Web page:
Getting all three layers of a quilt smooth can be a challenge for any quilter. Join me as I show you how to do basic pin basting so that you can quilt with confidence!
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In between making your quilt top (piecing) and actually quilting your quilt is basting. Basting is taking your backing, batting, and top and making them into a quilt sandwich. In concept, it’s pretty simple, but it can feel tricky to get all three layers smooth and free of wrinkles. Wrinkles mean your quilt will be lumpy and bumpy after it is quilted, and we definitely don’t want to do that. Let’s talk about the different ways you can baste your quilt, then I’ll show you how to pin baste.
Types of Basting
There are three primary methods of basting: thread basting, spray basting, and pin basting.
Thread basting uses long temporary stitches (sometimes done by hand and sometimes done with a longarm). This is the most traditional form of basting, but it is probably the most rare today.
Spray basting uses a temporary fixative to stick the three layers of quilting together. Most people who spray baste do so with an aerosol like this one. Store bought bastes are generally fast and easy, but they can be expensive, stinky, and the overspray can be a mess. Personally, I prefer Homemade Spray Baste. It takes longer, but I love how smooth it makes my quilts.
The final, and probably most common method of basting, is pin basting. This method uses safety pins to hold the three layers together, and you remove the pins as you quilt. Safety pins are easy to come by (you may even have some at home already), so this is often the first basting method new quilters try. Let’s take a closer look at how to pin baste:
How to Pin Baste Your Quilts
Step 1: Gather Supplies. You need your quilt back, batting, top, safety pins (curved ones if you want to be all fancy!), a nice clear space of floor, and maybe some painters tape (the green tape is stickier if you need a more secure hold without leaving residue on your quilt). Make sure your batting and backing are 2-4 inches bigger than your quilt top all the way around. It makes it easier to baste, and it also gives you a little extra to hold on to while you’re quilting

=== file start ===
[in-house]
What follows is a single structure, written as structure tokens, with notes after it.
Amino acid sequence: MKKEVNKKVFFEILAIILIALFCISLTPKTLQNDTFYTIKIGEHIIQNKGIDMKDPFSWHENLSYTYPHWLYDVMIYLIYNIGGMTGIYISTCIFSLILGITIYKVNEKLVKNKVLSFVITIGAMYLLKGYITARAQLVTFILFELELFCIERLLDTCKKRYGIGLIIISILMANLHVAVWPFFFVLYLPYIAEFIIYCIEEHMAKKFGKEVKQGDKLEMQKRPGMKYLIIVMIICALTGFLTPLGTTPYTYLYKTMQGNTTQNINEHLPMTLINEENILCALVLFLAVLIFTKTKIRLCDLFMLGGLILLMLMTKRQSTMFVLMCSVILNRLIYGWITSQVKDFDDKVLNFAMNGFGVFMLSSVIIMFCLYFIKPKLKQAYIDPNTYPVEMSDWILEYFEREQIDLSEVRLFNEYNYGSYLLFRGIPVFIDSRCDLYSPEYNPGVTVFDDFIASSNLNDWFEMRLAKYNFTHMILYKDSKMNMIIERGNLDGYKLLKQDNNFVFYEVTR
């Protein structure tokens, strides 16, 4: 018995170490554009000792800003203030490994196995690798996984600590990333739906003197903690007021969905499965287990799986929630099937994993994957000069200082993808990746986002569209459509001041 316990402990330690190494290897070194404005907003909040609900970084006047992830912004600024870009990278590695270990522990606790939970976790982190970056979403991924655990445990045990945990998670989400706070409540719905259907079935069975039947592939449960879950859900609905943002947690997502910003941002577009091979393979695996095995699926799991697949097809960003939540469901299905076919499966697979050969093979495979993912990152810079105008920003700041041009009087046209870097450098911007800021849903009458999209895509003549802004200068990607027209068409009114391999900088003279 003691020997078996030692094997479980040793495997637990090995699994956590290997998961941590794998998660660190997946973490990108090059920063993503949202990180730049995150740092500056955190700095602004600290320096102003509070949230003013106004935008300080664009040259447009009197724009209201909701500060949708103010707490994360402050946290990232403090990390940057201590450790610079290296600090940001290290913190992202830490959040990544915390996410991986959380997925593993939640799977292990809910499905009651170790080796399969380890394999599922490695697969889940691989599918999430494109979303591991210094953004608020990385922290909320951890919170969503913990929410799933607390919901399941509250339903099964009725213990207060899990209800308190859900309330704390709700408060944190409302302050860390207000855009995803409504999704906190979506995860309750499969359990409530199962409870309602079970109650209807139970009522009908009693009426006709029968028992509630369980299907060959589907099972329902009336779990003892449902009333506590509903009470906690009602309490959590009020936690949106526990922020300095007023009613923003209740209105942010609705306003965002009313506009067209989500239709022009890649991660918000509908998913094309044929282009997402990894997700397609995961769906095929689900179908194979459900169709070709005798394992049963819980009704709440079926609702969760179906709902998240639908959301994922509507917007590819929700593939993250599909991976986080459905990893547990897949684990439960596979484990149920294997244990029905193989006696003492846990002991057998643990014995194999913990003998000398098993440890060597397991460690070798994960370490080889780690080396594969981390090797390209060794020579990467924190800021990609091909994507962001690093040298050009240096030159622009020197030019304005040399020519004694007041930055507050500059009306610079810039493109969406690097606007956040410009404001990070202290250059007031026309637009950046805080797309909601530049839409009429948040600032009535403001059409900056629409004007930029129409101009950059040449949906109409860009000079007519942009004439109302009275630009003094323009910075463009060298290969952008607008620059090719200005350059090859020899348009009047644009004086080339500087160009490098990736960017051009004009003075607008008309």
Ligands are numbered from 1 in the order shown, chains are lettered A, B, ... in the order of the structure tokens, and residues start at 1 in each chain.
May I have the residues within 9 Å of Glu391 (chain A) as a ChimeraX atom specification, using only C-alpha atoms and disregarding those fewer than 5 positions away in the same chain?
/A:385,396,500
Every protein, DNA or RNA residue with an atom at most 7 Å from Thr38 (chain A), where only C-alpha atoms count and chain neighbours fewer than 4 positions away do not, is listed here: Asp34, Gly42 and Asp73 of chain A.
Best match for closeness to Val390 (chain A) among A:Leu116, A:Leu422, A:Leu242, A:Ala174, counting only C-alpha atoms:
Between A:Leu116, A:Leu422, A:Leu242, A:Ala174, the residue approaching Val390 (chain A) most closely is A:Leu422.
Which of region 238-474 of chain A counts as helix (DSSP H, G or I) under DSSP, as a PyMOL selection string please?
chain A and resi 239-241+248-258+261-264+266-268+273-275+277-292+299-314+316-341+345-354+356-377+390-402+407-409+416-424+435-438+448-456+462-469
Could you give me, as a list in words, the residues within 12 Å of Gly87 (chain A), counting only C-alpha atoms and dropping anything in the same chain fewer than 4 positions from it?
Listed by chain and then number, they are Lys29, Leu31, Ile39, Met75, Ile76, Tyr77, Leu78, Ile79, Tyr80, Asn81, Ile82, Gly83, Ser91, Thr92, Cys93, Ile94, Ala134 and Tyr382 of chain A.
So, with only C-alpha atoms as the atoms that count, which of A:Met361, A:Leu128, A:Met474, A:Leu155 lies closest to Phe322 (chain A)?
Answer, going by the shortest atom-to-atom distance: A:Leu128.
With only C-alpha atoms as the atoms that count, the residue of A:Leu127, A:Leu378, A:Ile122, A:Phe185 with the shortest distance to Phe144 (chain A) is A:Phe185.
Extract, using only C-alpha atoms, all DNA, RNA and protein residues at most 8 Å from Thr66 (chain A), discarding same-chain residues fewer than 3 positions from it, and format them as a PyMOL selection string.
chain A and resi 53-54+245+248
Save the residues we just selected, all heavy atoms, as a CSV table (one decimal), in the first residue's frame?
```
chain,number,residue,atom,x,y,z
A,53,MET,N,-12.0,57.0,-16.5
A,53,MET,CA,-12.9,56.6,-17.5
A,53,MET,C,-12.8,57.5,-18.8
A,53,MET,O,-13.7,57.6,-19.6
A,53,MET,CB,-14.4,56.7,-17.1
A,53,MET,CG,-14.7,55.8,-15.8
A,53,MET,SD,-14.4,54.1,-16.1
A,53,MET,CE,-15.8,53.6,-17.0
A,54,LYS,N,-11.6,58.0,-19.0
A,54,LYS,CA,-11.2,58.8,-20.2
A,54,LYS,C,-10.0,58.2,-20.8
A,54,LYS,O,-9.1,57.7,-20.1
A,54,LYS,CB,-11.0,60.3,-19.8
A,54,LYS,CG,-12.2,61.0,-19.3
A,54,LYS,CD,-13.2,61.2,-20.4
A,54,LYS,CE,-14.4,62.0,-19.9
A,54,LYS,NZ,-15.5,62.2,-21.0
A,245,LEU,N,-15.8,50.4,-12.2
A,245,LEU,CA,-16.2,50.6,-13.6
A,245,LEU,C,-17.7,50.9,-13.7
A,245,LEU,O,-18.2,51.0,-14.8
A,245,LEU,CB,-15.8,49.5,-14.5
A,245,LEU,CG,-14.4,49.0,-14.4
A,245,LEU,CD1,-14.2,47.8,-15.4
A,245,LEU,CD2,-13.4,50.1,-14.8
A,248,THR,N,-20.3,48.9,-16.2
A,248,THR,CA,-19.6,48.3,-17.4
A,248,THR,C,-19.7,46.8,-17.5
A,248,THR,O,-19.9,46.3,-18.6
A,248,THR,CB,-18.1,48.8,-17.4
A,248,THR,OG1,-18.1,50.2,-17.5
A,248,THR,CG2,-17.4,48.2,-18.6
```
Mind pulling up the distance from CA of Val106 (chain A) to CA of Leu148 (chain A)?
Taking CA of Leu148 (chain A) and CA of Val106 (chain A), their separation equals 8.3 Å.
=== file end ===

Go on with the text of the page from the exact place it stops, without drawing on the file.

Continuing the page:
Step 2: Spread out your backing. This is where you’ll probably want the painter’s tape. Whether you are working on a smooth surface or carpet, painters tape holds your backing flat and wrinkle free while you spread out the other layers. If you’re doing something quite small and basting on carpet, you might be able to skip the tape, but just remember that wrinkles on your quilt back are no fun whatsoever.
Step 3: Spread out your batting. Smooth out your batting over the backing. No need to tape this as it will slip around a lot less. If your batting is larger than your backing, take a moment to carefully trim the batt to match the back. This will make it a lot easier to center your quilt top in the next step. If you do this a lot, you may find special bent handle scissors to be handy.
Step 4: Spread out your top. Smooth it real good, and double check that all edges have both batting AND backing underneath them. There is nothing worse than getting to the end of your quilting and realizing that your top was off center and the last inch has now backing (ask me how I know!)
Step 5: Pin, pin, pin, pin, pin, pin, pin, pin. Your hands hurt? pin some more! Seriously, though, it takes more pins than you think. Starting in the center, begin safety pinning the three layers together (try not to pin your carpet to the back or scratch the hardwoods in the process). Make sure you catch all three layers! Pin every three to four inches, in all directions, working from the center out. As you go, smooth, smooth smooth. When in doubt, use more pins. The bigger the quilt, the more pins (and consider putting them a little closer together as bigger quilts mean more opportunities for shifting while you’re quilting). After pinning, remove the tape from the backing edges, flip the whole thing over, and make sure there are no wrinkles, pleats, or puckers. If there are, either begin again, or figure out a way to smooth it out by removing a few pins at a time and working the wrinkle off the edge. it’s a pain in the butt, yes, but re-basting is a looooot easier than having to take out quilting stitches because those pleats or puckers got worse while you were quilting
Additional Tips for Pin Basting
-If possible, quilt from the center outward as well as it minimizes the effects of shift and keeps everything as smooth as possible
-Remove pins as you quilt just before you approach them. DO NOT run over pins while you’re quilting. Nothing good, and very possibly some very bad and dangerous things, can come from this
- Check the back of the quilt often as you’re stitching to make sure your thread tension is still good and to make sure there are no wrinkles, etc in the backing.
-Basting, like everything else, gets better with experience and practice
-All basted but not sure how to quilt? You can get started with my free Top Three Tips for Successful Free Motion Quilting, or, if you’re ready to get serious, I’d love to teach you in my online course, Free Motion Quilting Academy
PS Don’t forget to pin this post so you can find it later (haha— see what I did there?!)